Traditional Eastern martial arts was extremely popular and influential, with most, if not all, martial artists knowing and studying the iconic Bruce Lee, Jackie Chan, and Jet Li. However, many people have doubted the effectiveness of traditional martial arts for a long time due to some movements being overly flashy. People had then gravitated towards boxing, kickboxing, and wrestling because of their practicality and effectiveness, especially with the rise in popularity of MMA.
But as time passed, we're now seeing some of the greatest MMA fighters being inspired by various martial arts disciplines, such as Tony Ferguson with his Wing Chun background, and fighters like Lyoto Machida and Stephen Thompson applying karate stance and kicks into their fights.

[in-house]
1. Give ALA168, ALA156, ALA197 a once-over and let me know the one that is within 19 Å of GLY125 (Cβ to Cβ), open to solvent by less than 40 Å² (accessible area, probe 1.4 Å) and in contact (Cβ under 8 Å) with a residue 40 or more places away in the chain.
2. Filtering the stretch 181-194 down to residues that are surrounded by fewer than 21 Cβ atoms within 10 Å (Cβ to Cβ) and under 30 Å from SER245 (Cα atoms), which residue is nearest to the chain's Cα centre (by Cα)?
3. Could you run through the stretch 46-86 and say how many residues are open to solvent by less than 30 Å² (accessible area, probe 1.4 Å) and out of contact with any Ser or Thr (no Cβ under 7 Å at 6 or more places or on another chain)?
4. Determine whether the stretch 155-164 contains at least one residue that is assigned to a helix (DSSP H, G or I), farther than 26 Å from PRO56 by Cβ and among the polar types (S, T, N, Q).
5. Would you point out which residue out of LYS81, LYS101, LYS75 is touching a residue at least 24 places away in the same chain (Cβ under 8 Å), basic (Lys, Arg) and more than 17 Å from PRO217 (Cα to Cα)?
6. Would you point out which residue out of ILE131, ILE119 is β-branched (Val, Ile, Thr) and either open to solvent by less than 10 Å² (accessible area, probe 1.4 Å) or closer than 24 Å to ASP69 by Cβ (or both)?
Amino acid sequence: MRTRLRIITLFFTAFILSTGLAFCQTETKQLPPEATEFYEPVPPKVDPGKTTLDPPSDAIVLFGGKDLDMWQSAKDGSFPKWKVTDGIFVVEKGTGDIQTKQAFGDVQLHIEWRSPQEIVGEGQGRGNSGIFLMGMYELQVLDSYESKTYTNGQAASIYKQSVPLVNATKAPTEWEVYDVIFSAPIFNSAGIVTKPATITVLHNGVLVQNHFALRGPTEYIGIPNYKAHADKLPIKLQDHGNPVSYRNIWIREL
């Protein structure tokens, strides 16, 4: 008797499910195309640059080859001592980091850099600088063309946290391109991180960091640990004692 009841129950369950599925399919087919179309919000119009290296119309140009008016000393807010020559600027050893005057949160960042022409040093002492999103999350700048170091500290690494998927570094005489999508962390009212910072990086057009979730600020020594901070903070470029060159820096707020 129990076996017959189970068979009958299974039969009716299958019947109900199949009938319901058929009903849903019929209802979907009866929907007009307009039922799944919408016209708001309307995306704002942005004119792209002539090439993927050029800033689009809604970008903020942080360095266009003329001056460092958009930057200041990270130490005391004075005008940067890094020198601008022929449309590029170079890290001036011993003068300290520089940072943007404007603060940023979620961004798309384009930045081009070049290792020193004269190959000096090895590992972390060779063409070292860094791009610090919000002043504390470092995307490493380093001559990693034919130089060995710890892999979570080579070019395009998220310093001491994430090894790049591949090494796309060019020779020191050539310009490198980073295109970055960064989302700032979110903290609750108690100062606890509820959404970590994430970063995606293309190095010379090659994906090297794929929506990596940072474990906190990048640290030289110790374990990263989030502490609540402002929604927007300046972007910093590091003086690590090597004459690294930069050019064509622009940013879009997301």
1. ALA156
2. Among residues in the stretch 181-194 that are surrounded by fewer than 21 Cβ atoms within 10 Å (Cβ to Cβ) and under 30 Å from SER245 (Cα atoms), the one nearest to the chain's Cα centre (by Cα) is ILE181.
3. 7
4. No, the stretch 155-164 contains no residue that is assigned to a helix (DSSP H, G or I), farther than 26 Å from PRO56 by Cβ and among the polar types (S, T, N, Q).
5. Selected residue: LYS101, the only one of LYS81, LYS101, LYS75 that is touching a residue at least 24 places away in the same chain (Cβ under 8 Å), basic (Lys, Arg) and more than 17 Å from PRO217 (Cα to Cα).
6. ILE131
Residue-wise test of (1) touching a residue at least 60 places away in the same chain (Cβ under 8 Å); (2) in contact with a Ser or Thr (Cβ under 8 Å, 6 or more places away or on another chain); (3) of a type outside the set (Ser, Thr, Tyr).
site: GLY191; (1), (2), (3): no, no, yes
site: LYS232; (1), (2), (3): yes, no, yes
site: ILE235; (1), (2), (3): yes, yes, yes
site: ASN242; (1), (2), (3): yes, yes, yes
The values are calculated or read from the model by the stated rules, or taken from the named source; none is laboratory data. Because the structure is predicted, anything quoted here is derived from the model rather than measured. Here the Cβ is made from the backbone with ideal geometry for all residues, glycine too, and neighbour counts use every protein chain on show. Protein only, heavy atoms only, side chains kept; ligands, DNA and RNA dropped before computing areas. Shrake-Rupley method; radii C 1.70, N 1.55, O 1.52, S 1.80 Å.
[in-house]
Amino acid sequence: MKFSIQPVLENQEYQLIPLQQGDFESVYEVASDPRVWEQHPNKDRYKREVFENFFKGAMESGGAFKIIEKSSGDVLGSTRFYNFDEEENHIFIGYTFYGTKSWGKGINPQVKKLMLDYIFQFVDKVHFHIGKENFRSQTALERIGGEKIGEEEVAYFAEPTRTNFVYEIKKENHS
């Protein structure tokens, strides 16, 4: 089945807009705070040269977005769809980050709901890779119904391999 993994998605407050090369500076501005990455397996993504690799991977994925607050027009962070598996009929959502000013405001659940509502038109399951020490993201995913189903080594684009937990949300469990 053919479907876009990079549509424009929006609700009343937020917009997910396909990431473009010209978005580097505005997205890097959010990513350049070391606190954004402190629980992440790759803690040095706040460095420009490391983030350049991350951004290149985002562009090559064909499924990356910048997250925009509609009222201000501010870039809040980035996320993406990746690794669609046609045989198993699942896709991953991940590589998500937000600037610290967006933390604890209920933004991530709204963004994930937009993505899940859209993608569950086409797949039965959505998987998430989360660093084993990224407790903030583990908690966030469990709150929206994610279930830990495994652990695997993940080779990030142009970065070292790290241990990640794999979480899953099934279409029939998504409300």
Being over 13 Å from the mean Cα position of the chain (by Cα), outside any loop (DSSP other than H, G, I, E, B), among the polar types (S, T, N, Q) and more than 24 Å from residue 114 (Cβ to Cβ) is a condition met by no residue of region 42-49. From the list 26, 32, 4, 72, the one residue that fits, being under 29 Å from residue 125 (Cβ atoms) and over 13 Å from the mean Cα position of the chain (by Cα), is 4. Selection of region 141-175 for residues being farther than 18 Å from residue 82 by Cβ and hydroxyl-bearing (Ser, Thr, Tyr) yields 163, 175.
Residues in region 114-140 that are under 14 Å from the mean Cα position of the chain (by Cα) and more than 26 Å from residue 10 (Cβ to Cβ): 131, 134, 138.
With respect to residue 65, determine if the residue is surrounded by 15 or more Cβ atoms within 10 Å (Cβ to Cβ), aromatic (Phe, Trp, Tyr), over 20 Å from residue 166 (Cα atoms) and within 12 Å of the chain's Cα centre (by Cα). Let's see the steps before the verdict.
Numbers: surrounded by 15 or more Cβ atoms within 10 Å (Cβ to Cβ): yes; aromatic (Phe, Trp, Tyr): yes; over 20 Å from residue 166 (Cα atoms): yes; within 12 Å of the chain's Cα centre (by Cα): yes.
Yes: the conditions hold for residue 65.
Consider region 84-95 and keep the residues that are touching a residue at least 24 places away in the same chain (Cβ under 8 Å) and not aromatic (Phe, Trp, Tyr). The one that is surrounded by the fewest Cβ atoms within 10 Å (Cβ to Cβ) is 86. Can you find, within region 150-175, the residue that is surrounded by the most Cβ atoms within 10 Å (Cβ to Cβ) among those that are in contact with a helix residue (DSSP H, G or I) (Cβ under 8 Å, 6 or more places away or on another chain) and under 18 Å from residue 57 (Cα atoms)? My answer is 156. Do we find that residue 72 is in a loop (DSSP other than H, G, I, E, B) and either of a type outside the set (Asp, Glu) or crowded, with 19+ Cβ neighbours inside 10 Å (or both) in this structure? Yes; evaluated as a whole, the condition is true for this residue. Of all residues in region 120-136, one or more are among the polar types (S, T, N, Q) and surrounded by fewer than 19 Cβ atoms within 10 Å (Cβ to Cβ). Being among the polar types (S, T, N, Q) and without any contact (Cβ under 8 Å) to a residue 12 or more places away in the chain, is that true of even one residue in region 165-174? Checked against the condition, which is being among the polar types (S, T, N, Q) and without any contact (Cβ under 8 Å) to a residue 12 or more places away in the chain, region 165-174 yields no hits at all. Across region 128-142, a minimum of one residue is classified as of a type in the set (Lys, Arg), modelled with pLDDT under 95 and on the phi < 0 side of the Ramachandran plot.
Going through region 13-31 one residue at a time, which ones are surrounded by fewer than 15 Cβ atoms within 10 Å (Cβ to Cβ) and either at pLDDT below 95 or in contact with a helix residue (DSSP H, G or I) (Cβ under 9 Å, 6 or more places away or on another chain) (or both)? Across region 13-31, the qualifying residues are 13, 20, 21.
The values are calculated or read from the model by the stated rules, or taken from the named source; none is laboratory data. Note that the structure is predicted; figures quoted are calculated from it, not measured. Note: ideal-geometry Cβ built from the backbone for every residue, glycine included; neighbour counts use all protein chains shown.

So, does it come down to which martial arts is more effective, or simply which fighter is using it and how skilled they are in it? I started with Muay Thai and used to be very biased against other martial arts disciplines. As I gained more experience and knowledge as a martial artist, I have begun to realize that all martial arts are effective and can work.
When I traveled to Taiwan, I was pleasantly surprised when sparring a taller opponent who had a long background in Kung Fu and Wing Chun. He was a former professional MMA and Muay Thai champion and has since been trying to teach others the usefulness of incorporating these disciplines into your striking and ground game. To watch the full breakdown of the sparring session, check it out here: